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Observations reveal mysterious galaxy – “Pushing the limits of understanding”

2024-02-25T21:02:30.891Z

Highlights: Observations reveal mysterious galaxy – “Pushing the limits of understanding”.. As of: February 25, 2024, 9:17 p.m By: Tanja Banner CommentsPressSplit The galaxy ZF-UDS-7329 is unexpectedly large. It contains more stars than the Milky Way, even though it was formed 800 million years after the Big Bang. This means that it must have formed without dark matter - even if the standard model of galaxy formation says otherwise.



As of: February 25, 2024, 9:17 p.m

By: Tanja Banner

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The galaxy ZF-UDS-7329 is unexpectedly large.

© Swinburne University of Technology

A newly discovered galaxy contains far too many stars for its age.

Researchers are surprised - the galaxy shouldn't actually exist.

Melbourne - A research team has used the James Webb Space Telescope (JWST) to make a discovery that was previously thought impossible: The telescope has discovered a galaxy in the early universe that is so massive that it shouldn't even exist.

The galaxy ZF-UDS-7329 contains more stars than the Milky Way, even though it was formed 800 million years after the Big Bang.

This means that it must have formed without dark matter - even if the standard model of galaxy formation says otherwise.

“We tracked this particular galaxy for seven years, observing for hours with the two largest telescopes on Earth to find out how old it is,” recalls study leader Karl Glazebrook (Swinburne University of Technology).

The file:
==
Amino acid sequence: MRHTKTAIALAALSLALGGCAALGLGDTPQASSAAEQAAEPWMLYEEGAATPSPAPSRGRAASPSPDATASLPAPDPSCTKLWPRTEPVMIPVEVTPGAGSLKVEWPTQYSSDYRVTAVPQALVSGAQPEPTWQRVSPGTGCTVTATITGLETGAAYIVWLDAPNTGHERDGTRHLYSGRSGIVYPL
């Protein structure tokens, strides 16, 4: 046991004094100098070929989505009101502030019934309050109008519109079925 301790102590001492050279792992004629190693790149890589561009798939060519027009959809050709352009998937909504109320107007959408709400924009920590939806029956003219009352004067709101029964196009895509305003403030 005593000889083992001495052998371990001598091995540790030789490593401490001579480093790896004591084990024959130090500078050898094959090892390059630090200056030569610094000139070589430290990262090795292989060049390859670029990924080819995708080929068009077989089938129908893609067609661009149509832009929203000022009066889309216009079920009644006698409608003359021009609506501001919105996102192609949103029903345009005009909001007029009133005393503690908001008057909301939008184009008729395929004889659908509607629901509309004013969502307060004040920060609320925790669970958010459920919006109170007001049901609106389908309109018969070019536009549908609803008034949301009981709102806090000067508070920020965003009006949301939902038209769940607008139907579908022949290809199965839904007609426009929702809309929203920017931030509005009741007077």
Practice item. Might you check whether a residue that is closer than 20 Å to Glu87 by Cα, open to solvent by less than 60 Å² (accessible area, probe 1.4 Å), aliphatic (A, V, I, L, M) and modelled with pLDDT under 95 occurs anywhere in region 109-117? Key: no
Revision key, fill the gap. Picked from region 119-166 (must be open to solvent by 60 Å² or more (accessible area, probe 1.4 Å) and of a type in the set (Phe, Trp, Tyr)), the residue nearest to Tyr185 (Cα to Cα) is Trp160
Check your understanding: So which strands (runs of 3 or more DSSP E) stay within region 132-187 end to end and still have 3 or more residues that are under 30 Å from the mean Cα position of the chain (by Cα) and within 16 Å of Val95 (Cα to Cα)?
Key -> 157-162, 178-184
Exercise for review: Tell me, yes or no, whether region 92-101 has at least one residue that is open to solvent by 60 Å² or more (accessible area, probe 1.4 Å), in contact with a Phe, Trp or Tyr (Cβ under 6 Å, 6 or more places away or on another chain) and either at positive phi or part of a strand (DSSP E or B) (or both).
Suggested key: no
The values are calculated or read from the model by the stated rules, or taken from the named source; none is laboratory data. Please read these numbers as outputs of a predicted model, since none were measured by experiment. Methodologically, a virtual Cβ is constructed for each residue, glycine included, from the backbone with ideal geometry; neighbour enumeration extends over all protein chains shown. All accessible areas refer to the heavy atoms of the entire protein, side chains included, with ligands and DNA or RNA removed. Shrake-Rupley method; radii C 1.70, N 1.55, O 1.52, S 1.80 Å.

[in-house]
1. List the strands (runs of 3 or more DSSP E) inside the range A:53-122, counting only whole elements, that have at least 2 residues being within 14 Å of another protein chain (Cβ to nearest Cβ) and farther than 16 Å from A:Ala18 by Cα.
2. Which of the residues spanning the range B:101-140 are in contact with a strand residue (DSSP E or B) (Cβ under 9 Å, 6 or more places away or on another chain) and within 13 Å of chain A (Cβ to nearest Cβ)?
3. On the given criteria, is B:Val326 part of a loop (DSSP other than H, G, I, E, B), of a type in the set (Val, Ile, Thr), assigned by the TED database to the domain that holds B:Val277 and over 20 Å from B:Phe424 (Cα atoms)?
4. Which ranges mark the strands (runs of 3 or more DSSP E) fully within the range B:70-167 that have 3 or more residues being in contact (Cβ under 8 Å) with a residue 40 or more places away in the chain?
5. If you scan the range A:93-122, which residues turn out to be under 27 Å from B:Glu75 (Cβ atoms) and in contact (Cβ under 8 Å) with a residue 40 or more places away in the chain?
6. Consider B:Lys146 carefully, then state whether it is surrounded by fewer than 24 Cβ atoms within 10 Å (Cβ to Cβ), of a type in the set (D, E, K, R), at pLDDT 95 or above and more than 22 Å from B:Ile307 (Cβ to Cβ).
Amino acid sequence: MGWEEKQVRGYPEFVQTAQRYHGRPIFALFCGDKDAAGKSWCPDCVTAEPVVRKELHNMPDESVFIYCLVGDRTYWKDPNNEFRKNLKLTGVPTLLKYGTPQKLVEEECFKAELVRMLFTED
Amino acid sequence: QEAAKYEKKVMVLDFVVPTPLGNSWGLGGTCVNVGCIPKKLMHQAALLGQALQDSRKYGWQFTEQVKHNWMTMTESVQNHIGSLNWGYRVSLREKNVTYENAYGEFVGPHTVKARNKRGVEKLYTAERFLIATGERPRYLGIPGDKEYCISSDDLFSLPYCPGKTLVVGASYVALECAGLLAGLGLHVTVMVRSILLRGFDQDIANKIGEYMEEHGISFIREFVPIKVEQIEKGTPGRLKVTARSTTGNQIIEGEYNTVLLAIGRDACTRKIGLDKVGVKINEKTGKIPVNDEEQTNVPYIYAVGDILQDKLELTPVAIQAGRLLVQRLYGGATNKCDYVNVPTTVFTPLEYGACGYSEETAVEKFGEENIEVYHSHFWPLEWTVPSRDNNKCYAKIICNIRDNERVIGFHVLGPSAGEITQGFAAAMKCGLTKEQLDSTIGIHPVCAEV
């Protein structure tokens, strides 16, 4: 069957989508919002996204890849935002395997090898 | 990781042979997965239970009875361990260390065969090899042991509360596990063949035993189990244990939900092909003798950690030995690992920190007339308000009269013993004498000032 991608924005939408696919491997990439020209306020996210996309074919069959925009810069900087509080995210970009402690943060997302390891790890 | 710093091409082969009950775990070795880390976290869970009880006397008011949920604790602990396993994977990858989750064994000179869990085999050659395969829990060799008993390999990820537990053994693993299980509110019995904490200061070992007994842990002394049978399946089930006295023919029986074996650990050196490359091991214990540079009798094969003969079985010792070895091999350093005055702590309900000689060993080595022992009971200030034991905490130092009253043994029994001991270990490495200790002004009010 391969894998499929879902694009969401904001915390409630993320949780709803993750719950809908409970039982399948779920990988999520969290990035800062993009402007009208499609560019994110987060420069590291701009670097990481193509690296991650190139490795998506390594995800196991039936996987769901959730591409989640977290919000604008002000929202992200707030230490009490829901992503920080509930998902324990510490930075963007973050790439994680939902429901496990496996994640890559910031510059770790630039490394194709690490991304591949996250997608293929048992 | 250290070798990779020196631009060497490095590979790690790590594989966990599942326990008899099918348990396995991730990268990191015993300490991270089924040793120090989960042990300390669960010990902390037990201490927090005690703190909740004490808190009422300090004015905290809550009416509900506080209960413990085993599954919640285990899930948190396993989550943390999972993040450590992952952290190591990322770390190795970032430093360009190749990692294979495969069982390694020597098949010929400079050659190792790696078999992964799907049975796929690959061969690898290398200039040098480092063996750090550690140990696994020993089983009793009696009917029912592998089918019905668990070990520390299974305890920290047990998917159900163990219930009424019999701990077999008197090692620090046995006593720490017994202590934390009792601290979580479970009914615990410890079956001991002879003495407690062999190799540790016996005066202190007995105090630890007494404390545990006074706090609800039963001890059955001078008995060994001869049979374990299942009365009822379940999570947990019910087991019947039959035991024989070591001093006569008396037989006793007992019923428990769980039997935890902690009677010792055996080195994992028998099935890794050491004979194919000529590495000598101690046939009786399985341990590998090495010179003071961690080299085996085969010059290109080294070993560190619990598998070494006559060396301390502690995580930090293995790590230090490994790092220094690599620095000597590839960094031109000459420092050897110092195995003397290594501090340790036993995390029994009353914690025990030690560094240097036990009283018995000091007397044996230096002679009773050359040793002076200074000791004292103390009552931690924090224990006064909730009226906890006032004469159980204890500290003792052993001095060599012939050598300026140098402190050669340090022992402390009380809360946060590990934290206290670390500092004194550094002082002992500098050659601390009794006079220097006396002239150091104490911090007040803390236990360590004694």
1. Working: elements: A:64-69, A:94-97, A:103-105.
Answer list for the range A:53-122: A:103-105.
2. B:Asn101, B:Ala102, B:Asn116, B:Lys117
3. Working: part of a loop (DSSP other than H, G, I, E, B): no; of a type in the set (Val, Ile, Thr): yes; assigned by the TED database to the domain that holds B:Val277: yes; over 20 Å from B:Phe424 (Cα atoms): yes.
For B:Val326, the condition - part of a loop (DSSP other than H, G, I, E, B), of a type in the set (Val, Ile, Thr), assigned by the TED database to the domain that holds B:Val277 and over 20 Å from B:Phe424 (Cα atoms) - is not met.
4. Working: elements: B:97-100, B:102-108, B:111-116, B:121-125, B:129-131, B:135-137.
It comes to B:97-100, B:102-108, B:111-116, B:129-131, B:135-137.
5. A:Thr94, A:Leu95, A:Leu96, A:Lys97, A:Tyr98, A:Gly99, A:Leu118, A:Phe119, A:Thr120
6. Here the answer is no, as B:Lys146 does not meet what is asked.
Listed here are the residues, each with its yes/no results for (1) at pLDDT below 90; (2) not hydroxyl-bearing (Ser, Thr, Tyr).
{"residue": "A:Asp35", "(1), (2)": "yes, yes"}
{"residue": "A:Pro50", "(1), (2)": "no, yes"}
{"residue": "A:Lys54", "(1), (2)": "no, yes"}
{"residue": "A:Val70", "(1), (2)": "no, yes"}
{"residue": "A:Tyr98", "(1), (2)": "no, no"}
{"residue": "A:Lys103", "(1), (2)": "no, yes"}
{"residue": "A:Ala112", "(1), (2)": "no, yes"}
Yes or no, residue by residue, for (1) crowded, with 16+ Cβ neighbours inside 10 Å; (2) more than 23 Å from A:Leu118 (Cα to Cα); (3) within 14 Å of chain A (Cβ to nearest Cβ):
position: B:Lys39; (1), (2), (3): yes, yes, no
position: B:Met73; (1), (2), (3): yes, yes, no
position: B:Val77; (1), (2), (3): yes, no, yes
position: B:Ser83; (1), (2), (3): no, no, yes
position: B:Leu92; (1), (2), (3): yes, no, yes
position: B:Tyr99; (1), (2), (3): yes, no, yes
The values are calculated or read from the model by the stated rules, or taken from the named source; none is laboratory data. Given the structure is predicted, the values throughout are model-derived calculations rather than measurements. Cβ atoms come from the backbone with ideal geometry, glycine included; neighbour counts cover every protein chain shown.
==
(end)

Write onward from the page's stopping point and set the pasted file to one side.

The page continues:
“But it was too red and too faint and we couldn’t measure it.

In the end, we had to leave Earth and use the JWST to confirm its nature.” The study was published in the journal

Nature

.

How did galaxies form so quickly very early in the universe?

Dr.

Themiya Nanayakkara, who led the spectral analysis of the JWST data, emphasizes: “We are now going beyond what was possible to confirm the oldest massive dormant monsters that exist deep in the universe.” And further: “This is where we start the limits of our current understanding of how galaxies form and evolve.

The key question now is how these galaxies formed so quickly very early in the universe, and what mysterious mechanisms caused them to abruptly stop forming stars while the rest of the universe did.”

The newly discovered galaxy confuses researchers because it contradicts the previous theory of galaxy formation.

“The formation of galaxies is largely determined by how dark matter is concentrated,” explains co-author Claudia Lagos in a statement.

“The fact that these extremely massive galaxies appear so early in the universe poses significant challenges to our standard model of cosmology.”

Dark matter didn't have time to form so early after the Big Bang

The research does not assume that the dark matter, which is actually required for such massive galaxies, has already had time to form.

That's why the researcher emphasizes: "More observations are needed to understand how common these galaxies might be and to help us understand how massive these galaxies really are."

Study leader Glazebrook is pleased: “JWST has found more and more evidence for the formation of massive galaxies in early times.

This result represents a new record for this phenomenon.” But the researcher also emphasizes: “Although it is very noticeable, it is only one object.

But we hope to find more;

and if we do that, it will really upend our ideas about galaxy formation.”

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Source: merkur

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